The movie's subject interests me, because I have multiple friends that have told me they think I have Asperger's. I'm quite certain I don't (especially after watching this movie), but I could still really relate to the lead character. I do have some similar social issues (and anxiety problems), and people around me often don't respect my individuality. I also have romantic troubles; but still my issues are quite different than Jane's (and similar at the same time). I still love the movie though, because I think it is inspiring (and very emotional); because of these themes. I think it's beautifully acted, written and directed. It's quite a moving film, especially for anyone who feels different!

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Operator (2015/II)
Wasn't quite feeling it., 13 September 2016
6/10

'OPERATOR': Three Stars (Out of Five)

A 6.5-minute dramatic thriller short film; about an emergency- services operator, that's trying to help a frightened woman, and her 3-year- old son, escape a house fire. The short was written and directed by actress, turned first time filmmaker, Caroline Bartleet. Kate Dickie stars in the movie, as the operator. I think the story is a great idea for a short flick, and I really respect the people who actually do those jobs (and have to deal with real life scenarios, like the one in this movie), but I still think the film could have been even better. The acting is decent (from Dickie), and Bartleet does an adequate enough job building some tension; but I think a lot more could have been done with the material. I just wasn't quite feeling it. I also saw a similar short film, called 'THE PHONE CALL' (a few years ago); that actually won the Academy Award for Best Live Action Short Film (in 2014). That short is about a crisis center hot-line operator, that has to deal with a very intense suicide caller. It's a much better film, by comparison.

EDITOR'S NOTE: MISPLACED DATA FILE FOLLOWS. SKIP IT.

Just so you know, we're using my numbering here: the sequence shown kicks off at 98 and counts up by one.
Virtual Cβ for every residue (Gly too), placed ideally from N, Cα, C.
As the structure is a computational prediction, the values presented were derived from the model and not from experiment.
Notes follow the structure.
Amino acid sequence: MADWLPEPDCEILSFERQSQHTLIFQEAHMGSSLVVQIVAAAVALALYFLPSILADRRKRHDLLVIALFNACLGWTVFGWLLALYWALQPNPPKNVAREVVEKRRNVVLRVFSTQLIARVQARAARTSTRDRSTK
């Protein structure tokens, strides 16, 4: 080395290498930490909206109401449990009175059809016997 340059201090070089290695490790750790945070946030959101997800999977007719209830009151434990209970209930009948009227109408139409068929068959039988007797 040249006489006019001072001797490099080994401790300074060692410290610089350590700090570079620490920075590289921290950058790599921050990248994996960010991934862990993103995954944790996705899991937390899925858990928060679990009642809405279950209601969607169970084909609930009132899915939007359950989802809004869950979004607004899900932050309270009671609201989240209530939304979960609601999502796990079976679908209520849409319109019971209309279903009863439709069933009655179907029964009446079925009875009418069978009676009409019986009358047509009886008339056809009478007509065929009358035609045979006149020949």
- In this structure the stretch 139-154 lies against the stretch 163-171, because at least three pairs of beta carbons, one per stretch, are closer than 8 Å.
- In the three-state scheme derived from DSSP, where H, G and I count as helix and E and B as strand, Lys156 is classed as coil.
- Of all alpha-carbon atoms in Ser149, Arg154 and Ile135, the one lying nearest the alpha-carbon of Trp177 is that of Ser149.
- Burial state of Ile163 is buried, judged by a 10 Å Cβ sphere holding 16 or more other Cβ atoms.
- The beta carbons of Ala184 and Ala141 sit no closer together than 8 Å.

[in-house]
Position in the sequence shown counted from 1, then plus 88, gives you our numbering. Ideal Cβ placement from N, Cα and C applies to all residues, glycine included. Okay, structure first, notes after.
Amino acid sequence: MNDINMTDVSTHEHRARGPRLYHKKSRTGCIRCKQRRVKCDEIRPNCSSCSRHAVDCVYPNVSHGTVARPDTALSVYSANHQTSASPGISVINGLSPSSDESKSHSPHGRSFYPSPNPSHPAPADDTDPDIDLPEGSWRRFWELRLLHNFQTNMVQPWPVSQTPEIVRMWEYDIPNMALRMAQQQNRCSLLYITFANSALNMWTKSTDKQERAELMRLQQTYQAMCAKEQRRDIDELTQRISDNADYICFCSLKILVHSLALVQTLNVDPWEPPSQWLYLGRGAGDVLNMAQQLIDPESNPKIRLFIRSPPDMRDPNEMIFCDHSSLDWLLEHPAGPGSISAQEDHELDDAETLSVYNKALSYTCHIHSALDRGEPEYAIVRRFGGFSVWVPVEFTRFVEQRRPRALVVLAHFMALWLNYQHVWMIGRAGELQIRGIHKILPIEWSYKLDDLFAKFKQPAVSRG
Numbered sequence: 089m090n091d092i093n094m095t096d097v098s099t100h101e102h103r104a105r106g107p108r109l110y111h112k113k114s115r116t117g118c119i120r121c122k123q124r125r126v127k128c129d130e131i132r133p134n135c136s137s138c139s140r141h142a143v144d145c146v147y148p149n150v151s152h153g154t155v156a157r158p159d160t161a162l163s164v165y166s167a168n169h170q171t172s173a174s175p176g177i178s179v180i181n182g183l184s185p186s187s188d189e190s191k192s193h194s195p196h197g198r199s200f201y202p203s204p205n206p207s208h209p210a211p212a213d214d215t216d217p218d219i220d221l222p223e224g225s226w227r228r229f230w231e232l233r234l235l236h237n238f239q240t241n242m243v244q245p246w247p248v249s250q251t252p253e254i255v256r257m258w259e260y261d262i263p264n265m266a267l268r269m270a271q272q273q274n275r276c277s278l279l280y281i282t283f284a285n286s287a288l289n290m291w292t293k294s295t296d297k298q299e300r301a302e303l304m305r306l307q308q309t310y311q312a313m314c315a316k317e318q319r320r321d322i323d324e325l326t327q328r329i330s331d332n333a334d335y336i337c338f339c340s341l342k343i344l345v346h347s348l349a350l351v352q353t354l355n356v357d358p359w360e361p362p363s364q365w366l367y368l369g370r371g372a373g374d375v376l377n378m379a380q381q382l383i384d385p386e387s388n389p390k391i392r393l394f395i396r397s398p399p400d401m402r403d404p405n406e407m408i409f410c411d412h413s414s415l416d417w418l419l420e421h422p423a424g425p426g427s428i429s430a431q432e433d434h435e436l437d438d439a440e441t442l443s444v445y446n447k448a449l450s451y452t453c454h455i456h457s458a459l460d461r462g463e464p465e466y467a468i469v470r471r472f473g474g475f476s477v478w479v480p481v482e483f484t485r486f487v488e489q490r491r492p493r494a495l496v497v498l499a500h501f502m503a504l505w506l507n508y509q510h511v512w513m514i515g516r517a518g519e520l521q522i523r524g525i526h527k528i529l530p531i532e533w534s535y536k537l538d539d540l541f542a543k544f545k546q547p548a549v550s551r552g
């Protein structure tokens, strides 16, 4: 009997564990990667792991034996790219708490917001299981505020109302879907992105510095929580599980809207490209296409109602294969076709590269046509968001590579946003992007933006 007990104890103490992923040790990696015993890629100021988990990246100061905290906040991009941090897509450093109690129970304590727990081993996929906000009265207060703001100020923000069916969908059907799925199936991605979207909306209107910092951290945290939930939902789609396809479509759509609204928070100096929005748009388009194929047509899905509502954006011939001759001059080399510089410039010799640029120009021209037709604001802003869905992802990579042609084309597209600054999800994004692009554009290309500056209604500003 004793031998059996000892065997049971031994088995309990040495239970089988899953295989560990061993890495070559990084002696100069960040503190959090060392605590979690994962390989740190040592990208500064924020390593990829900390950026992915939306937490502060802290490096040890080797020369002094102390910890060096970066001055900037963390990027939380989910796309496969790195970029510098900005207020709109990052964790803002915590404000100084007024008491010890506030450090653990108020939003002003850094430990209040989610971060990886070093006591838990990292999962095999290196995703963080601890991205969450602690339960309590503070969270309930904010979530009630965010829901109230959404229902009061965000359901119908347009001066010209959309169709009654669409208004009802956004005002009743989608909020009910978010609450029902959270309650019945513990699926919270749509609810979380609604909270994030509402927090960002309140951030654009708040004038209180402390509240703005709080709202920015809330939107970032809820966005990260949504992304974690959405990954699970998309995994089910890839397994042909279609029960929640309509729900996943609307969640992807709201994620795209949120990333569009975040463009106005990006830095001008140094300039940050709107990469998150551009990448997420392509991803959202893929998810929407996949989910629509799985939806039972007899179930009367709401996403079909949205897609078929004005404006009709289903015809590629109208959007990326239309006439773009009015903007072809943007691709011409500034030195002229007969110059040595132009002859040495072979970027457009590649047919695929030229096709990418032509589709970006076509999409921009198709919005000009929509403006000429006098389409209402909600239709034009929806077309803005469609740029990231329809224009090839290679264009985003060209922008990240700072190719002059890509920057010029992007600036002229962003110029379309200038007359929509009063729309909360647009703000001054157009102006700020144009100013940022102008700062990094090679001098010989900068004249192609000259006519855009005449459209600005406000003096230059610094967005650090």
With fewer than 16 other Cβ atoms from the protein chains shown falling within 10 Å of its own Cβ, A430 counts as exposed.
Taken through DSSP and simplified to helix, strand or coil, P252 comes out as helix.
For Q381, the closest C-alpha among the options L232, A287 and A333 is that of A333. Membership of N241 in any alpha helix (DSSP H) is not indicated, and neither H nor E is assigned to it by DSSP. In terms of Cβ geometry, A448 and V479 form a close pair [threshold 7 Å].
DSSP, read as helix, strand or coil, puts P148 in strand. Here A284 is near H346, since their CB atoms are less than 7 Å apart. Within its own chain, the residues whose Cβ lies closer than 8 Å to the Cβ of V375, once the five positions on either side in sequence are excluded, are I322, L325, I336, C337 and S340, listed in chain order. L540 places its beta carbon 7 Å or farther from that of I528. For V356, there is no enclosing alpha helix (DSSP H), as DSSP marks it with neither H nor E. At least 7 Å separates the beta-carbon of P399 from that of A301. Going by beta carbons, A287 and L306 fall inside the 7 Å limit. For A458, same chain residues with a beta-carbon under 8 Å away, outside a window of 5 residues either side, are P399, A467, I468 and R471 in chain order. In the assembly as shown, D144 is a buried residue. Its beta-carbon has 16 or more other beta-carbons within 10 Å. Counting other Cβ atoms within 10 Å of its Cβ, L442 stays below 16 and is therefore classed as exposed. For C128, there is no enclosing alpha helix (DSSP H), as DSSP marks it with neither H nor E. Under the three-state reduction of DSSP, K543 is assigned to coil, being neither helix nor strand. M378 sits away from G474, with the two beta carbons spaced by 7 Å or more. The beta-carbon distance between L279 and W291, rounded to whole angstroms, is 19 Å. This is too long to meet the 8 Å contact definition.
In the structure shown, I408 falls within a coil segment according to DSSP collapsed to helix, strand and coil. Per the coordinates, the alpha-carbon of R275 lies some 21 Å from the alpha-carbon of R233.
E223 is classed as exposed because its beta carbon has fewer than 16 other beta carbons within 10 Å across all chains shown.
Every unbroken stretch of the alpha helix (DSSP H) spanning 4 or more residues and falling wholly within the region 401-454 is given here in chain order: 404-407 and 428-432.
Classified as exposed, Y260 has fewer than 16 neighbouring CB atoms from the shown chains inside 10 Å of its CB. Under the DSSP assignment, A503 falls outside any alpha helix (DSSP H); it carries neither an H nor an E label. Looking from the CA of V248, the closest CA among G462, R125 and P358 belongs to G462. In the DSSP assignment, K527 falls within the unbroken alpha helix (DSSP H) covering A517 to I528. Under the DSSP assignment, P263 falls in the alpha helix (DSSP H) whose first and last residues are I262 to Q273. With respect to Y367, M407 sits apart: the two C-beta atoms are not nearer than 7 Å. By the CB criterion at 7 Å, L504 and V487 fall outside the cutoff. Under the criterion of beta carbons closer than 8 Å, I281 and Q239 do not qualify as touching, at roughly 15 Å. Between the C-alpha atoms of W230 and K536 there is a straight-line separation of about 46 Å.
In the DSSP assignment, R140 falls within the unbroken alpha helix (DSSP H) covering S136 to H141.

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Not something I'd ever want to watch again., 13 September 2016
6/10

'THE GOOD FATHER': Three Stars (Out of Five)

An 18-minute dramatic thriller short film; directed by Marek Ryszard Dojs, and written by Daniel Bielinski (who also stars in the flick). It tells the story of an extremely lonely man (Bielinski), that kidnaps a child; who he thinks is being abused by it's parents. The short is really dark, and depressing; which could have been cool, but it doesn't really work here. The film doesn't have any character development, or key plot points explaining why it's lead character is the way he is. I think if I knew a little bit more about him, I might have cared a lot more about the whole story. As it is, it's just creepy; and really dark. It's definitely not something I'd ever want to watch again.

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I look forward to seeing a feature length film on the subject., 13 September 2016
7/10

'LOS NINOS SICARIOS': Three and a Half Stars (Out of Five)

A 10-minute crime-drama short film, written and directed by Rob Lambert. It tells the story of a teenage hit-man, that's given an assignment to assassinate a high profile target. The boy experiences a lot of trauma from the experience, as well as from his past training (when he was even much younger). The movie is inspired by real events, and it informs the viewer how American teenage boys (usually Mexican-American) are recruited by major Mexican drug cartels all of the time (along the southwestern border states), as young as 12- years of age. They're given 9-months of intense training; and then sent to live in sleeper cells, in American suburbs. They're then assigned targets in the U.S., and Mexico, and their pay ranges from $10,000 to $50,000 (for each assignment). The short does a great job of educating the viewer about all of this. It's also extremely graphic, in a seemingly realistic way; I had a hard time watching it. The short is a great 'day in the life' type story; but at just 10-minutes, it leaves a lot unexplained still. I look forward to seeing a feature length film on the subject (hopefully from the same filmmaker).

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Stars (2015/II)
It works, because of the carefully constructed backstory., 13 September 2016
8/10

'STARS': Four Stars (Out of Five)

An 8-minute dramatic short film, written and directed by first time filmmaker Krista Vernoff (who has a lot of experience writing and producing television shows, and TV movies). The short stars Abigail Spencer, Wes Brown, Madeleine McGraw, Jeanine Mason and Josh Kelly. It tells the story of a mentally disturbed mother (Spencer), that makes a horrible decision regarding her daughter; due to disturbing memories from her own childhood (involving abuse). The film is beautifully shot and structured; I think Vernoff makes a brilliant directorial debut here. Spencer is also outstanding in the lead role (and stunningly beautiful, like always). The short is very disturbing, shocking and depressing; and I like all of those things in film, if it's done right. It works here, because of the carefully constructed backstory. I really like the way this short plays out.